Our 12-seater plane is about to land when the pilot announces a delay—military aircraft on the runway. Even from an altitude of 1,000 feet, we can clearly see the tanks and armored personnel carriers below.
Jessica Lange nervously fingers wooden prayer beads. Small planes spook her at the best of times. These are not the best of times. And this is not a movie set.
Lange is about to touch down in Bunia in the Democratic Republic of the Congo (DRC), a country that has been at war with itself for the past seven years. As many as 3.3 million people reportedly have died, the highest number of fatalities in any conflict since World War II.
Few pampered Hollywood celebrities would even consider an assignment like this one. But the two-time Academy Award winner (Tootsie, 1982, and Blue Sky, 1994) sought out the task—as UNICEF Goodwill Ambassador—of first witnessing, then telling the world about the carnage in central Africa.
Two months before this visit, hundreds of civilians were massacred in Bunia by tribal militia members as ill-equipped U.N. troops remained in their compound, watching helplessly. And only a few days ago, 22 women, elderly people, and children were hacked to death in a village just outside the town.
"Sam didn't want me to go," she says, peering through the cabin window. Sam is actor, director, and playwright Sam Shepard, her partner of 21 years and the father of their two teenage children, Hannah and Walker. "I was afraid, too. But it's important. Middle America has no idea what is happening in the Congo."
Lange knows Middle America. She was born there and she still lives there. Spurning Hollywood and New York, she resides in tiny Stillwater, a town on the Minnesota-Wisconsin border. She grew up some 125 miles away in Cloquet, a town whose sole pre-Jessica-era claim to fame was the nation's only gas station designed by Frank Lloyd Wright.
"My activist leanings come from growing up in Minnesota, a liberal state," she tells me. "My parents always impressed on us that it was important to help the needy. I watched my grandmother raising other people's kids. And the Vietnam War helped politicize me. I took part in all the antiwar demonstrations."
While studying art at the University of Minnesota, Lange briefly joined the Students for a Democratic Society, the group that popularized the slogan "Make love, not war!" Dropping out of school, she traveled around Europe with Spanish avant-garde photographer Paco Grande—her former photography professor at the university. They married in 1970 and lived in Paris for four years. Resettling in New York in 1974, Lange worked as a waitress, then as a model, and then, against all odds, won the lead role in producer Dino De Laurentis's 1976 remake of King Kong.
Stardom followed, but Jessica never lost her activist streak. She produced and starred in the 1984 movie Country, which revealed the plight of American farm families facing government foreclosures. She even testified before Congress on the issue. In the early 1990s, she flew to Romania to expose the cruel warehousing of orphaned children.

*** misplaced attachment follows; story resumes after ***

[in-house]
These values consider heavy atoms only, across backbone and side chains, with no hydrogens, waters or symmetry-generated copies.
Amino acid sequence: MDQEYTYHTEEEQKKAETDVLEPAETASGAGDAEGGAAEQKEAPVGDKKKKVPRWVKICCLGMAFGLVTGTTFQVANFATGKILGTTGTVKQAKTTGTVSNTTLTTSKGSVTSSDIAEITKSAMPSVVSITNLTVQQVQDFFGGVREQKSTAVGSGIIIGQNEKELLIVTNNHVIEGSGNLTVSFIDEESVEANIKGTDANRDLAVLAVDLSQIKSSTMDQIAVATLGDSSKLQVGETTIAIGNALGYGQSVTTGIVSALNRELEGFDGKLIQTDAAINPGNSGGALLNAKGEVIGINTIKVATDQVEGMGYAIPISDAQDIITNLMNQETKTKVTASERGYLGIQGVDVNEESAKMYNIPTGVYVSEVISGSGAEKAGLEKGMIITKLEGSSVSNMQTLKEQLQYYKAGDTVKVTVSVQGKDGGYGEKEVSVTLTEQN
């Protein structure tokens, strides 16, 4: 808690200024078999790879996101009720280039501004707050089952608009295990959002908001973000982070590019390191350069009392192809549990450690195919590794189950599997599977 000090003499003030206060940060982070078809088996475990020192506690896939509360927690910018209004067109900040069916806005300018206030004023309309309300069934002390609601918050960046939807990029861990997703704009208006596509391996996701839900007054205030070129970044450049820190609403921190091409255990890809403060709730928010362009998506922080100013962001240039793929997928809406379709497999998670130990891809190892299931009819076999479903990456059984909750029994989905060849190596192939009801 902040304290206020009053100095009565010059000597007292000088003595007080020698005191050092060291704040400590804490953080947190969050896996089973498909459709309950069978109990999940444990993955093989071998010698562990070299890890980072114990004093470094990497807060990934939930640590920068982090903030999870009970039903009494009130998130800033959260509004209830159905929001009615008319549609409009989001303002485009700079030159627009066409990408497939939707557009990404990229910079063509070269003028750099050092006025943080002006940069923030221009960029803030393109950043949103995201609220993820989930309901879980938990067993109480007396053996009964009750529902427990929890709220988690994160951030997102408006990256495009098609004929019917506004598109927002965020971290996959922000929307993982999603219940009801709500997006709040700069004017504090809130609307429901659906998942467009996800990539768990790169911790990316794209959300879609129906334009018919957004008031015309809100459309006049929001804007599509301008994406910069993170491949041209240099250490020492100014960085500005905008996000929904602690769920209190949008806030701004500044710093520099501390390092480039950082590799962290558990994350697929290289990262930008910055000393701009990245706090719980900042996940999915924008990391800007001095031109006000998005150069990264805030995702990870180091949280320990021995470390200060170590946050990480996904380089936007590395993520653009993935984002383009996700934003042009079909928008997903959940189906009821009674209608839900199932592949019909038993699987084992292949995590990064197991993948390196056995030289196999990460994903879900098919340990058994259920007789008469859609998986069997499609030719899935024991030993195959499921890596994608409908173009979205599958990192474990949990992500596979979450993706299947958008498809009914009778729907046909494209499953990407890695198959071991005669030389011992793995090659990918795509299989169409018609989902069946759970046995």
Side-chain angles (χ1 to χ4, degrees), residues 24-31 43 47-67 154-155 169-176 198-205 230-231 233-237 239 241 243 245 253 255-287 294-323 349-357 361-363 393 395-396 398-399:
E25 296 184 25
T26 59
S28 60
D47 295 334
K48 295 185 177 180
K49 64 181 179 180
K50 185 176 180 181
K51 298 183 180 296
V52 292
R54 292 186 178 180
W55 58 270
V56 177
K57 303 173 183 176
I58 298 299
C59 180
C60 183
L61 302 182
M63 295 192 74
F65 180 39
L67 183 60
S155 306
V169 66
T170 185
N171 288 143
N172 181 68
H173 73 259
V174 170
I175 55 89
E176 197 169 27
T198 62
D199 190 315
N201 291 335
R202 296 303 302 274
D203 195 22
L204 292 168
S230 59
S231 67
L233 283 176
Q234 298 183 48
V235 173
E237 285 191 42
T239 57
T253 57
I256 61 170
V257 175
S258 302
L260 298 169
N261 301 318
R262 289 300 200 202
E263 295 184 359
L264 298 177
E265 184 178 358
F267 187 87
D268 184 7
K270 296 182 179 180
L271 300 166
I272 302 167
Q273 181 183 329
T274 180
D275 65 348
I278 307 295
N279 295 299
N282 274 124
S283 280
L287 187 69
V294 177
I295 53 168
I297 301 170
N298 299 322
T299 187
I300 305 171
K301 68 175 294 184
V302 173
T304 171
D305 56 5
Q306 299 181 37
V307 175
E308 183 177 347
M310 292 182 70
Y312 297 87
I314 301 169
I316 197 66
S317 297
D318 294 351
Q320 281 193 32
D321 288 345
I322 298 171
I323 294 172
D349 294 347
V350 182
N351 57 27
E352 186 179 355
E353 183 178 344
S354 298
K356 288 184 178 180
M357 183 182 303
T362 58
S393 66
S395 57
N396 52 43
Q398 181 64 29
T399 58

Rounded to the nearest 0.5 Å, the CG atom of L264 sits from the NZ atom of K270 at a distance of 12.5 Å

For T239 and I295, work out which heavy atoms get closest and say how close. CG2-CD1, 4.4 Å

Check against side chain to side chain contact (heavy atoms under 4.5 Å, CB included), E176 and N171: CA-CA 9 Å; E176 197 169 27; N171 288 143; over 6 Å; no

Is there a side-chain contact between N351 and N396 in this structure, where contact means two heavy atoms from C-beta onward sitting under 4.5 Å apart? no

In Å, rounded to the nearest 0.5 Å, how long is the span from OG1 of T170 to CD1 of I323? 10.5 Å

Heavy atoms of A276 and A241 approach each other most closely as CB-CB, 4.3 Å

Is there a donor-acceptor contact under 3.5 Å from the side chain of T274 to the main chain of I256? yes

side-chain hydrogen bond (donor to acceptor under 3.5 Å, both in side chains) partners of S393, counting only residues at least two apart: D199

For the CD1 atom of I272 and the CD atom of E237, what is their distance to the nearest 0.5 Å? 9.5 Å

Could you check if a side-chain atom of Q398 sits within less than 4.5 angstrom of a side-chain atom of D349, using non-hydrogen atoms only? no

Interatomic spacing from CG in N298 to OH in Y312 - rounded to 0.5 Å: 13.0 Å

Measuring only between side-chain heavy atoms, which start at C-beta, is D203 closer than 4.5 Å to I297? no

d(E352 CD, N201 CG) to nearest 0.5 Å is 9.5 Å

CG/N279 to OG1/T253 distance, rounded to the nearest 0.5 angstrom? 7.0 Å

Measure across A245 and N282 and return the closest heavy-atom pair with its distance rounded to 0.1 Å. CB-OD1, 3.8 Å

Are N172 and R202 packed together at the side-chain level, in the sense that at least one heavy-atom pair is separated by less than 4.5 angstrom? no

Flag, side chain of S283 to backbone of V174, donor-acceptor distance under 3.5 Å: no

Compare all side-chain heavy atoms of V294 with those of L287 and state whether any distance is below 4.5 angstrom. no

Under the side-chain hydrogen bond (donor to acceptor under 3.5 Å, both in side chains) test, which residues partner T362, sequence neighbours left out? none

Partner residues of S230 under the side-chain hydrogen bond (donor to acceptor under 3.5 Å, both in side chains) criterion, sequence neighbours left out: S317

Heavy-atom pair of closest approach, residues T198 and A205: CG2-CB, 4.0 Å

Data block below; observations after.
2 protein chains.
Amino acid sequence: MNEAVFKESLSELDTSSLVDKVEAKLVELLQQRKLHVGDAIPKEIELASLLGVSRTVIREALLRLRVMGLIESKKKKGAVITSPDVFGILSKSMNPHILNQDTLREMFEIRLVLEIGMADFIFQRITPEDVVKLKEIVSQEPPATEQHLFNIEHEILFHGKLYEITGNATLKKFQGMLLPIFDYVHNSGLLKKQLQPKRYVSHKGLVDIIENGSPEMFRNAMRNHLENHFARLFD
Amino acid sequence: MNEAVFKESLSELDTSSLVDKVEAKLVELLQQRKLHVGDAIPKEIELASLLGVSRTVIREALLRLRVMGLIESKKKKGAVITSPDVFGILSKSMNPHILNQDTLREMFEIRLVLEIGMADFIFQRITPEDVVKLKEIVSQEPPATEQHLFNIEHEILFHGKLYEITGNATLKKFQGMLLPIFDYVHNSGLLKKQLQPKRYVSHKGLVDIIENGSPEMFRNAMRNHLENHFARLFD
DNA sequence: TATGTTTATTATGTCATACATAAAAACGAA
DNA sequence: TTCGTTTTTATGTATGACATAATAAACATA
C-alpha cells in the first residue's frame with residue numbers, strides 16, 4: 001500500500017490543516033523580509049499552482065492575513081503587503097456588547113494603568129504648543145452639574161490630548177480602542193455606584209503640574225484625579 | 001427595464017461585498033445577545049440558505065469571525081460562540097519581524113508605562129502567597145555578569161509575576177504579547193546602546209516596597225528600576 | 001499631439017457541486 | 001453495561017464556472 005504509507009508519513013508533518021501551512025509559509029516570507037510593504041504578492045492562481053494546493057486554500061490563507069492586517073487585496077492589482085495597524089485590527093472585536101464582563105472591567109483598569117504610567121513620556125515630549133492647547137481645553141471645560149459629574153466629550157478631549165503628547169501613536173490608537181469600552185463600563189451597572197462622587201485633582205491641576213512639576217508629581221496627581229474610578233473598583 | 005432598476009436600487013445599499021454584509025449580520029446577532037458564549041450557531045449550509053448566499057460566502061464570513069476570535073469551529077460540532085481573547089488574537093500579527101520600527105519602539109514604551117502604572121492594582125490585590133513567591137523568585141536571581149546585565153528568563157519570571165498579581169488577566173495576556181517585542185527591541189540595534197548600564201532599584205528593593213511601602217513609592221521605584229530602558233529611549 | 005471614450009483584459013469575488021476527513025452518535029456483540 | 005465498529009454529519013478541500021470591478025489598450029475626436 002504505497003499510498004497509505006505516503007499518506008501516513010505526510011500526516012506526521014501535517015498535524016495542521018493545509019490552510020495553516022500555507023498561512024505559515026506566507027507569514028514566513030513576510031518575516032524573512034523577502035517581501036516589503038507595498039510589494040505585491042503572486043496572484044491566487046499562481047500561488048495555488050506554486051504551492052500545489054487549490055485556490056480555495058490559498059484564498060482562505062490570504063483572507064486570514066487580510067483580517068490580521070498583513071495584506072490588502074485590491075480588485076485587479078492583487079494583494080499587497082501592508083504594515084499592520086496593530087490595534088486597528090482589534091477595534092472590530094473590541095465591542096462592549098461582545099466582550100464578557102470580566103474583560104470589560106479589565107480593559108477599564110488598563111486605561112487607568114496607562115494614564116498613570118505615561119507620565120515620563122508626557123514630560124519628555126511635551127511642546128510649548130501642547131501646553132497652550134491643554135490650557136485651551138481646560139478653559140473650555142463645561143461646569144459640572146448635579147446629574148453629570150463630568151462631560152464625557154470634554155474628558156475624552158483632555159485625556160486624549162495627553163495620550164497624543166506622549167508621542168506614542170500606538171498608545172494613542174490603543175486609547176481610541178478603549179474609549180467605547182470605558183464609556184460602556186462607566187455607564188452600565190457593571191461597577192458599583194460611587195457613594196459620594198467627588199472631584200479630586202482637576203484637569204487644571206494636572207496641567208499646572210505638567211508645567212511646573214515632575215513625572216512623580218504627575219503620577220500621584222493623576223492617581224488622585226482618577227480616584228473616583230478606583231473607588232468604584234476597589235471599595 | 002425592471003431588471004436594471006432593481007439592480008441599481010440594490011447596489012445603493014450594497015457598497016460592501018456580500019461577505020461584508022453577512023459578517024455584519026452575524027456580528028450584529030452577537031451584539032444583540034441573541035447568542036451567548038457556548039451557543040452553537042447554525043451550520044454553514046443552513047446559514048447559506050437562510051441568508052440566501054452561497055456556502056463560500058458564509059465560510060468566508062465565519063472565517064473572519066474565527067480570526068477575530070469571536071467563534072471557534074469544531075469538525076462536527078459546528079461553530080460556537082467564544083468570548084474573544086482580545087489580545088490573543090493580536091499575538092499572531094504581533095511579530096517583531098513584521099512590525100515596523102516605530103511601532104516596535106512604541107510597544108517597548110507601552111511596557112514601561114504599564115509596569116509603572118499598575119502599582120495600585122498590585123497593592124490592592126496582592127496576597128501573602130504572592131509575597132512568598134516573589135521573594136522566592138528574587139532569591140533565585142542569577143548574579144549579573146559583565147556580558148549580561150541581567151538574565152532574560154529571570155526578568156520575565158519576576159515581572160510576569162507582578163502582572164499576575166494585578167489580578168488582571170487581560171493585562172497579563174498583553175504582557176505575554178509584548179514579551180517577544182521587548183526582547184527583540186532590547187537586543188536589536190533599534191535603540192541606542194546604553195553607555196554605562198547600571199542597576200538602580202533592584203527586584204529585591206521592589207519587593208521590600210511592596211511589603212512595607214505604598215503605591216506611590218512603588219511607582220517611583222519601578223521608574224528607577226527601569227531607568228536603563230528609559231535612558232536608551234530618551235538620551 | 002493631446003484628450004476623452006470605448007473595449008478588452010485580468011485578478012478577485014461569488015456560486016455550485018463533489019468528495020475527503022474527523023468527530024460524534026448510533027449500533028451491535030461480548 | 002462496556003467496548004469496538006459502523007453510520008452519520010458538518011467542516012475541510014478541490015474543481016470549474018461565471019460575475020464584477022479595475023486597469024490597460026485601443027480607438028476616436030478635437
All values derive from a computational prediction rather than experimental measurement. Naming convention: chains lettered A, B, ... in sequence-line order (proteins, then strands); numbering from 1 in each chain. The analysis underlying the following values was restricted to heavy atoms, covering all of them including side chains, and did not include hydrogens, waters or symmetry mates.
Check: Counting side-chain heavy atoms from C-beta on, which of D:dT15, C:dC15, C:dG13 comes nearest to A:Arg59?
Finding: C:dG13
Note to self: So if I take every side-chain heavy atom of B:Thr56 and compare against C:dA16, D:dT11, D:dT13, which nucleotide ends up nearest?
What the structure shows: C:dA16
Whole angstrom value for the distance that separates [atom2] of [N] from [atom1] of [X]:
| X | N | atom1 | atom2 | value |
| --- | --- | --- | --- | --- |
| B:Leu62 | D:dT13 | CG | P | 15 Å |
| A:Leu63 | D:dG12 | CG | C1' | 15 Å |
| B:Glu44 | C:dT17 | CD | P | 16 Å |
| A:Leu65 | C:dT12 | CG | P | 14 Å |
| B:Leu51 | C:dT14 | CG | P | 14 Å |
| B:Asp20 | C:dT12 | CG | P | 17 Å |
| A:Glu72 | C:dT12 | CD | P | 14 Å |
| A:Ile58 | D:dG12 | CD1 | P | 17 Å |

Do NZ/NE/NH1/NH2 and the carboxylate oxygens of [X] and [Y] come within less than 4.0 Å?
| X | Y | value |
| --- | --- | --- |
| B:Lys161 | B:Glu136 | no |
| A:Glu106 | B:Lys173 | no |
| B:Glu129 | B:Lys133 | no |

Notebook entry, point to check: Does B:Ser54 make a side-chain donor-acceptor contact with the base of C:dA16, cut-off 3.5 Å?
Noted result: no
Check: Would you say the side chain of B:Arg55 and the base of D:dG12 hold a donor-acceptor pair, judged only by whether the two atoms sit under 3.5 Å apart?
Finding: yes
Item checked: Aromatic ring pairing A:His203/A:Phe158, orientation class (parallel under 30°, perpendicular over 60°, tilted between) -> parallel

So, she says, when UNICEF came knocking early last year, "I said yes immediately."
Lange made sure she was properly briefed for this trip by reading what she could and talking to U.N. experts. She also called actress Susan Sarandon to learn about her experience as a special UNICEF Goodwill Ambassador.
For days, Lange shuttles from one hospital camp to another, witnessing the aftermath of the war's atrocities. "I need coffee and a cigarette," she says one morning (she allows herself two smokes a day), after visiting a hospital that treats the war wounded. "Last night, I woke up after a couple of hours and couldn't get back to sleep. So many awful experiences these people have been through. It's difficult to believe that we are all living on the same planet."
In a small, dimly lit ward at the Panzi Hospital—near the Rwandan border—Lange meets 18-year-old Cecile. The girl limps on crutches, a large surgical pin from her knee to her ankle. "What happened?" Lange gently asks. The skinny teenager responds in a voice so low it's hard to catch her words. "Soldiers forced their way into our house and beat everyone in my family. They tied my arms, and with other girls I was taken to the bush. They kept me for two months as a wife. Then the Mai-Mai [a rebel group] attacked us. In the fighting, I was shot several times in the leg. I couldn't walk, and the Mai-Mai captured me. After a week, they threw me in the bush and ran away."
The following day, the teen was found lying helpless in the jungle by a local farmer, who carried her to his home. A passing U.N. patrol refused to take her to the city for medical aid. "They said it was too dangerous for them," Cecile says.
But after several weeks, with the help of individuals who took pity on her, she arrived here. "Doctors took three bullets out of my leg. They said my bones are shattered, and they don't know if they will mend."
Throughout her heartbreaking story, Cecile fidgets with her fingers. Lange, unconsciously emulating her, balls a handkerchief in her hands.
"Is there anything else you'd like to tell me?" she asks the young girl.
"I'm hungry," Cecile says.
Lange falls into stunned silence. In many underfunded African medical facilities, patients must rely on their families to bring them meals. Cecile has been relying on the charity of other patients for food.
"Oh," says Lange, blinking rapidly. "I'll get it. What would you like?"
"Anything," Cecile smiles shyly.
Before leaving the hospital, Lange quietly pays for the teenager to receive food and clothing. She also buys sewing machines for the girl and other young rape victims at the hospital, so they can earn some income.